An Auburn man, his sister and her former husband bilked a Fort Wayne company out of more than $3 million from 2012 to 2018, according to a federal indictment.
Brian Nordan, 42, Angela Jasinski, 29, and Dustin Coleman, 42, allegedly worked together to defraud the company – which is not named in court documents – by using business credit cards to pay for personal purchases.
Nordan also arranged for Coleman to be paid nearly $300,000 in salary and more than $54,000 in benefits for about six years – from 2012 to 2018 – despite Coleman not being an employee, prosecutors say. The couple divorced in 2016.
Jasinski, Nordan's sister, left the company in 2016 but earned nearly $70,000 in wages and benefits, into September 2017, according to the indictment.
“Employers hire individuals with the understanding that they will be honest and not exploit them for personal financial gain,” U.S. Attorney Thomas L. Kirsch II said. “When, as alleged in this indictment, individuals do exploit their employers for illegal financial gain, my office and our law enforcement partners will investigate and prosecute.”
Nordan reportedly worked as chief marketing officer and general manager, making personnel decisions, ordering supplies, negotiating with vendors and paying company expenses. In August 2012, he “knowingly devised and intended to devise a scheme to defraud and to obtain money and property by means of materially false and fraudulent pretenses,” the 14-page indictment charging them with wire fraud stated.
Nordan faces 13 counts, Coleman is named in three counts, and Jasinski is named in two counts.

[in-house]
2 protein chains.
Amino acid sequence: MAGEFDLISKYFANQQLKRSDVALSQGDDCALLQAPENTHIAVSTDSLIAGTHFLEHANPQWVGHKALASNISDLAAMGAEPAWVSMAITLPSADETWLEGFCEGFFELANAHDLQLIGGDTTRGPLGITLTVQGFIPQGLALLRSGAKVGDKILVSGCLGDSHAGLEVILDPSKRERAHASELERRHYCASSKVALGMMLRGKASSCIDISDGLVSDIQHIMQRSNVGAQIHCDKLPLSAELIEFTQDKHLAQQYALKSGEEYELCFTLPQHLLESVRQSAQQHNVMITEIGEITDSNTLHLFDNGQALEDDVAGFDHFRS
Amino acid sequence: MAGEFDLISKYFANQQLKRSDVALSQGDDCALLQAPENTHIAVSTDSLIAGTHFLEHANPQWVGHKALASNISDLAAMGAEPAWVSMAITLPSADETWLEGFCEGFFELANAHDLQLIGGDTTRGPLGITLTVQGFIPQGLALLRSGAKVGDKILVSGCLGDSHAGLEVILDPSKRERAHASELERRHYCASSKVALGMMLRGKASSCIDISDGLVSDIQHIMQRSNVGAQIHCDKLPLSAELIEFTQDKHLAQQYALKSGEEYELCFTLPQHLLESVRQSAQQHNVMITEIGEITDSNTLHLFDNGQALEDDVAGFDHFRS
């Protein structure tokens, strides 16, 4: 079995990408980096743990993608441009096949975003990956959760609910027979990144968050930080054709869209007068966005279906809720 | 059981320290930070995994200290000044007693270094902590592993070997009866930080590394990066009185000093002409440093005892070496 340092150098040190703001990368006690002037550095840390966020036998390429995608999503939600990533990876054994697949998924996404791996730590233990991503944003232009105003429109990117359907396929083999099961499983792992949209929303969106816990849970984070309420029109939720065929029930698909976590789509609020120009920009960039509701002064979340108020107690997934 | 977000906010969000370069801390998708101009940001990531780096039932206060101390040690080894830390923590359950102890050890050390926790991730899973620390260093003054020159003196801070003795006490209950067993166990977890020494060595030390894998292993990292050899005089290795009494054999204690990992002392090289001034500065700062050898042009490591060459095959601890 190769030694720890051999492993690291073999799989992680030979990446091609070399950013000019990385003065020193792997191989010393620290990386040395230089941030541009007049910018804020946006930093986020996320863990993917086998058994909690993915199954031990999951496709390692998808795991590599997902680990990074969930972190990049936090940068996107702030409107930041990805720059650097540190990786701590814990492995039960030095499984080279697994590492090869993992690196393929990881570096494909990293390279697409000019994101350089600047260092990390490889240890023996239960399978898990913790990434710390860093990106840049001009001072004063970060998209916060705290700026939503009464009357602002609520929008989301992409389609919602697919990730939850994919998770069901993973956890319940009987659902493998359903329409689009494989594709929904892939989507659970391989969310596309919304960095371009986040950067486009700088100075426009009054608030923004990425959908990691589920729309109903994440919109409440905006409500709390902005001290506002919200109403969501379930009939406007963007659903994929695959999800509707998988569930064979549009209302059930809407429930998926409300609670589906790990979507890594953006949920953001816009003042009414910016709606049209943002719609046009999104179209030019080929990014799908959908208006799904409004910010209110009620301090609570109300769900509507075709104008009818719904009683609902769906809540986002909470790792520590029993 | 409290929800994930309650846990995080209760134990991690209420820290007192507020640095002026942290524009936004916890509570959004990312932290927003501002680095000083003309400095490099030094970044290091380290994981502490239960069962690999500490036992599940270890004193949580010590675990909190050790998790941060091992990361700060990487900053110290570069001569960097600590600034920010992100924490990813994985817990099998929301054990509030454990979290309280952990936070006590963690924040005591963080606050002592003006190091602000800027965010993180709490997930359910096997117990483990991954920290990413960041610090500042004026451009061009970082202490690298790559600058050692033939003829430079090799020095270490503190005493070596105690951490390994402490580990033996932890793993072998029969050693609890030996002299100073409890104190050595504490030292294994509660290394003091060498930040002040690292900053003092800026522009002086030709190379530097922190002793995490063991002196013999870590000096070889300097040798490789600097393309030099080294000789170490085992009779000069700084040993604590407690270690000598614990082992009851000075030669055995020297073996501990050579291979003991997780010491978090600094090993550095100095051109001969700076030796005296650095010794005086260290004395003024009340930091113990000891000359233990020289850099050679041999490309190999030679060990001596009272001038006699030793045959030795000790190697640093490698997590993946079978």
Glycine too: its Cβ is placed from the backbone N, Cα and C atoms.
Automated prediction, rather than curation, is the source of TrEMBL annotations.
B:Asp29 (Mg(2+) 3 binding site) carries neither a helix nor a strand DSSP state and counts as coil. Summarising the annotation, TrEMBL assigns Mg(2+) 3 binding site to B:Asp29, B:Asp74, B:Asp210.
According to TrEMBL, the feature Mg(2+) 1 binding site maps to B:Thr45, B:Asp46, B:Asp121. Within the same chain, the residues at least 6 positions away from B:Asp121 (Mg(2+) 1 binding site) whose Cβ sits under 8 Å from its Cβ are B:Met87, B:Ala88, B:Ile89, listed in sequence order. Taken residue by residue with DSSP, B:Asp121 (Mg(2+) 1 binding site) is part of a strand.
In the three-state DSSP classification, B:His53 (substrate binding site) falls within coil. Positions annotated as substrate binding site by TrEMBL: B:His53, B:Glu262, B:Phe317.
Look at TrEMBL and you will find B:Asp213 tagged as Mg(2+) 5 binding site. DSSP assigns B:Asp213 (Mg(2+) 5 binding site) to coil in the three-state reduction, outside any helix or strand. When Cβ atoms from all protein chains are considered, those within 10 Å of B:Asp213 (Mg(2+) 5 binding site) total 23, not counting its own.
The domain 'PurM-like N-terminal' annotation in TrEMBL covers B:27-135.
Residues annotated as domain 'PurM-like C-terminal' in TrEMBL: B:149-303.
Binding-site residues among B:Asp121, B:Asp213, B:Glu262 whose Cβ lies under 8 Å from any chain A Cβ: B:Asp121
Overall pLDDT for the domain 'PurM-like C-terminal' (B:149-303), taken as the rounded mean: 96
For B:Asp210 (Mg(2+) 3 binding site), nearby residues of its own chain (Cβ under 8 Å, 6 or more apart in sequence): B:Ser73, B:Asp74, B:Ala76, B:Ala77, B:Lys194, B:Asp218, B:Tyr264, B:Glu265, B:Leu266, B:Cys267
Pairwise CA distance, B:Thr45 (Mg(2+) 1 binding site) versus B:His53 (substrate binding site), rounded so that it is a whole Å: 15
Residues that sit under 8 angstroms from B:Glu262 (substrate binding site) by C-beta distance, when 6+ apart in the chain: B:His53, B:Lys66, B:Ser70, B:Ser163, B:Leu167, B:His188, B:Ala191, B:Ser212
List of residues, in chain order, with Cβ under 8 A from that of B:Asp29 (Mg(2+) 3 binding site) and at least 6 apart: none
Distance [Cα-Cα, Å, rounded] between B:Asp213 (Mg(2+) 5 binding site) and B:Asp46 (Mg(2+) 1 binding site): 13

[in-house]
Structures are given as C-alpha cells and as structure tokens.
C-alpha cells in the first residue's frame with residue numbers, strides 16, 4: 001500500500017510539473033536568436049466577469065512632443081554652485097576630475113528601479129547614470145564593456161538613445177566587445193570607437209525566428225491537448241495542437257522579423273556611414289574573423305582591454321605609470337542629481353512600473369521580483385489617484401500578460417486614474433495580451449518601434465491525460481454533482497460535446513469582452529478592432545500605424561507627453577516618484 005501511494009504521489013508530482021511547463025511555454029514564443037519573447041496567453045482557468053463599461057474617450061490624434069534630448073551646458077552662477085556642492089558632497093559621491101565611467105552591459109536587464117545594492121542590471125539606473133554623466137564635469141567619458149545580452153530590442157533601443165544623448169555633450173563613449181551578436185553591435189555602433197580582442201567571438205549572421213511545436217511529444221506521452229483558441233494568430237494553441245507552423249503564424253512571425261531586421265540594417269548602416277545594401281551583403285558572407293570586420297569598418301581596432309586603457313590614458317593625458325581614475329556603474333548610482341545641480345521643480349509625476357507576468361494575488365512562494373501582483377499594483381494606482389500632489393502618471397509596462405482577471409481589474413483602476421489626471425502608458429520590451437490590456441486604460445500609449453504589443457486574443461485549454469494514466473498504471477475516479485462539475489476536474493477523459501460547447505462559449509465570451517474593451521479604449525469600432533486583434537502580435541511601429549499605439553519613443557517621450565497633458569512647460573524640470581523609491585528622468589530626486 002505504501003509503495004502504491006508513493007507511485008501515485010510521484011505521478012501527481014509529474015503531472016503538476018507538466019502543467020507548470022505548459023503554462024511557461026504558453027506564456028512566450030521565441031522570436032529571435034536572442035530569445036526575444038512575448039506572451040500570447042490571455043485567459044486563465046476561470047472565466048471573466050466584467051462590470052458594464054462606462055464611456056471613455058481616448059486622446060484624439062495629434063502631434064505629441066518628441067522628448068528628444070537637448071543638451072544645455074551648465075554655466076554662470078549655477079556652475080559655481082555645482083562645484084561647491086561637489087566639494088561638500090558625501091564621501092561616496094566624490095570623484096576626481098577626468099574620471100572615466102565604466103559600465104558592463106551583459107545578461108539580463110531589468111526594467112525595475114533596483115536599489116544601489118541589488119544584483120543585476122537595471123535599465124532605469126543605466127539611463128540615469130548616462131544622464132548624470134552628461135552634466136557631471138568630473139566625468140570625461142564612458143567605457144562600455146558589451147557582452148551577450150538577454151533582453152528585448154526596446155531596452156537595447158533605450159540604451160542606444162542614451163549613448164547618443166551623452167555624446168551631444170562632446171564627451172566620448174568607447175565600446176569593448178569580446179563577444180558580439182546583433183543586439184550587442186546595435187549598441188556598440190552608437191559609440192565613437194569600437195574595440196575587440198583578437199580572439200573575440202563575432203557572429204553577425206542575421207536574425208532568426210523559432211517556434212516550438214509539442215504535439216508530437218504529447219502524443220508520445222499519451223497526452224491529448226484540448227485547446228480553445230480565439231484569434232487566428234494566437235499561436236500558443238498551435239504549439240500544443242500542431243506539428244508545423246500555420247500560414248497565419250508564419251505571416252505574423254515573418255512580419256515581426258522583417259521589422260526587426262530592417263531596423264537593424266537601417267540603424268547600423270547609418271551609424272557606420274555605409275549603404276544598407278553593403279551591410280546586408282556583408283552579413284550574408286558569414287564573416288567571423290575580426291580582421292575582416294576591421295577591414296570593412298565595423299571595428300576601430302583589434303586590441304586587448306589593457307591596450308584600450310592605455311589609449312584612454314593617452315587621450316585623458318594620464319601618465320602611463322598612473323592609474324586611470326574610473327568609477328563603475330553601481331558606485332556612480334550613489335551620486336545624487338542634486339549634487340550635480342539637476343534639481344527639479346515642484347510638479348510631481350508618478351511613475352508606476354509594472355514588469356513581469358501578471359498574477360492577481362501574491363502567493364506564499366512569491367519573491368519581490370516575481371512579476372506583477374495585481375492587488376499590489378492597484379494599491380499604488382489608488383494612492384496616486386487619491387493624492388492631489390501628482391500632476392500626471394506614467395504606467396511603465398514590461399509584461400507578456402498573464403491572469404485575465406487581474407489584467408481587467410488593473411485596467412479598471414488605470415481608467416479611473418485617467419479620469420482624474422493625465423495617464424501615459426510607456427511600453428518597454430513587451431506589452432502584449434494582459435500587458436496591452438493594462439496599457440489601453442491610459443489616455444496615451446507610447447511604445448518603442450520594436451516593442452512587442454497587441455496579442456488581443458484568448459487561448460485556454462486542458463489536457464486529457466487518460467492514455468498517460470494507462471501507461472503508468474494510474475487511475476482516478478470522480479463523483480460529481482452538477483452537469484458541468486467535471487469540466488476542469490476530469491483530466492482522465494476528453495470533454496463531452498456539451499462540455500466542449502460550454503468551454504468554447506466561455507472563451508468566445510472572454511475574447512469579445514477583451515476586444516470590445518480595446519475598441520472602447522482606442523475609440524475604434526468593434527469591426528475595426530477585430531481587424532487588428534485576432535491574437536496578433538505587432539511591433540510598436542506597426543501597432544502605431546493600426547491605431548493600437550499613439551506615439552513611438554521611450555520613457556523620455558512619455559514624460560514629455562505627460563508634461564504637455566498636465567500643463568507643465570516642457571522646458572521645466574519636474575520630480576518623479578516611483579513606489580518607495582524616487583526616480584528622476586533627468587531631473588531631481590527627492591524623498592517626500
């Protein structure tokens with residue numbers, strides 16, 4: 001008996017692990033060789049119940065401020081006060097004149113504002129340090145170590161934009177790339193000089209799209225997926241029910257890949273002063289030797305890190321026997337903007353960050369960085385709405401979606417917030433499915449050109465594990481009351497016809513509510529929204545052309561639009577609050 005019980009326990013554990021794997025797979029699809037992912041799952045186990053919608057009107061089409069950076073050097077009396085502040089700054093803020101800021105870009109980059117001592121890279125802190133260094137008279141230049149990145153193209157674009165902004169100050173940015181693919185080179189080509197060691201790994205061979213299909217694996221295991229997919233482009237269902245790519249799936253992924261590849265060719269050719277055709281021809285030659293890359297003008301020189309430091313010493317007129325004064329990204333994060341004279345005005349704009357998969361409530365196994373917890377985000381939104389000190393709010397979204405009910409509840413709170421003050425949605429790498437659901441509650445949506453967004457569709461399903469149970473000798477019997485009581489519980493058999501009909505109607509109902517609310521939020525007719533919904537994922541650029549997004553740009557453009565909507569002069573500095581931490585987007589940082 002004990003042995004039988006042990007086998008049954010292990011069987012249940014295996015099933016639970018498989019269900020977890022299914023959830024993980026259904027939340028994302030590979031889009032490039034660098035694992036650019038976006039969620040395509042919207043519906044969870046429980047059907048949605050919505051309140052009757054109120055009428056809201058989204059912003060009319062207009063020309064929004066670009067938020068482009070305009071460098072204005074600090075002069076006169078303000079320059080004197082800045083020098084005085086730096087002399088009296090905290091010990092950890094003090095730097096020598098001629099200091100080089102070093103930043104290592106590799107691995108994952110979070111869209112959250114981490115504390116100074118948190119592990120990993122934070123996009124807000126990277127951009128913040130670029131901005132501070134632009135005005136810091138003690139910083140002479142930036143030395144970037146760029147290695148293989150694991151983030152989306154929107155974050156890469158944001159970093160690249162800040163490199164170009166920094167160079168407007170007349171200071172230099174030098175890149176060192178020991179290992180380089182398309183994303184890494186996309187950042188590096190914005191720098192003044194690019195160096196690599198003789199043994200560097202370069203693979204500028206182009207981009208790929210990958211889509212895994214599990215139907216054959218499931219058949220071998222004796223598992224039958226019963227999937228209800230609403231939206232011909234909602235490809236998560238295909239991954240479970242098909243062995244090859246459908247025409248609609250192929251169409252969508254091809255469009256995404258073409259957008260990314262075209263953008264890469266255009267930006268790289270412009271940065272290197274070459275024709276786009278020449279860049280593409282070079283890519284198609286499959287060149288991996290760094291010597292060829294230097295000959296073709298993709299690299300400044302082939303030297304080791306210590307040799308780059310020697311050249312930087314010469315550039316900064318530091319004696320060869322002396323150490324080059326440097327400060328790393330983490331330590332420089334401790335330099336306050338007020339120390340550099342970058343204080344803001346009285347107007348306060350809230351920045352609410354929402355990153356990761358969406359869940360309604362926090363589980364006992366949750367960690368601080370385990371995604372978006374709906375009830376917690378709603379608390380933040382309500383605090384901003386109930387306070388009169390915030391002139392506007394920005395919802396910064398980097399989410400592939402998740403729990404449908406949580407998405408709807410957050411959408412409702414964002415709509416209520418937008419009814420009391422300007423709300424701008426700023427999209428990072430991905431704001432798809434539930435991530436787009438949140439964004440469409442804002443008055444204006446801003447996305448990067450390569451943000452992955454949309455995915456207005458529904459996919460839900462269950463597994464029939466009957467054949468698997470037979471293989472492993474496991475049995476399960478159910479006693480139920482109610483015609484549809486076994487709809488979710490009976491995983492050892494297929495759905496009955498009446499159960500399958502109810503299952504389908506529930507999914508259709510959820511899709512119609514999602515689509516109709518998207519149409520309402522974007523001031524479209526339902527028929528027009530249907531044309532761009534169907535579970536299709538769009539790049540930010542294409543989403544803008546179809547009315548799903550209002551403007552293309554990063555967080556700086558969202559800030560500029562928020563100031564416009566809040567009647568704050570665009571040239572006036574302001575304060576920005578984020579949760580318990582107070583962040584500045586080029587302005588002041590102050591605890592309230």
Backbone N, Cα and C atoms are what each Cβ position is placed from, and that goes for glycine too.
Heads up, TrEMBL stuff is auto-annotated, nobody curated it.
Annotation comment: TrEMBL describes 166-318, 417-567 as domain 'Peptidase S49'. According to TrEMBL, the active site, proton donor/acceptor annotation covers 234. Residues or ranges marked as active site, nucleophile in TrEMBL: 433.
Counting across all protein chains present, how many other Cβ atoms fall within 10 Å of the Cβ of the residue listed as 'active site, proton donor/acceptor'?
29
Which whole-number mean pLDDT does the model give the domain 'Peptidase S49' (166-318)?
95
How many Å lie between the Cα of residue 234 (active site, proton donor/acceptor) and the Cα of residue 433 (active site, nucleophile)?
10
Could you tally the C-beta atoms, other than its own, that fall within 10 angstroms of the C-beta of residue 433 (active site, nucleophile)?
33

He used company credit cards to pay for about $668,000 in personal charges, investigators said. An additional $563,000 from the company was allegedly used to pay the credit card expenses of Nordan and Coleman. From January 2017 to May 2018, Nordan claimed “expense reimbursements” worth nearly $180,000 “for monies over and above his salary,” court documents said.
On his LinkedIn page, Nordan claims he was CEO of Afdent from 2002 to 2019, when he became a real estate broker. A call to Afdent, a dental office, was not returned Tuesday.
A message left for Nordan also was not returned.
Prosecutors said part of the scheme involved Coleman filling out employment documentation, but he did no work for the company. In 2014, investigators said he lied to a financial institution, so he could buy a Mercedes, when he said he worked there.
In 2017, “Nordan and others” created NHS Holdings LLC, which was used to buy toothpaste that NHS sold to the company at a profit, according to the indictment. They used $35,250 from the company to invest in NHS, court documents said.
An initial hearing was held Tuesday.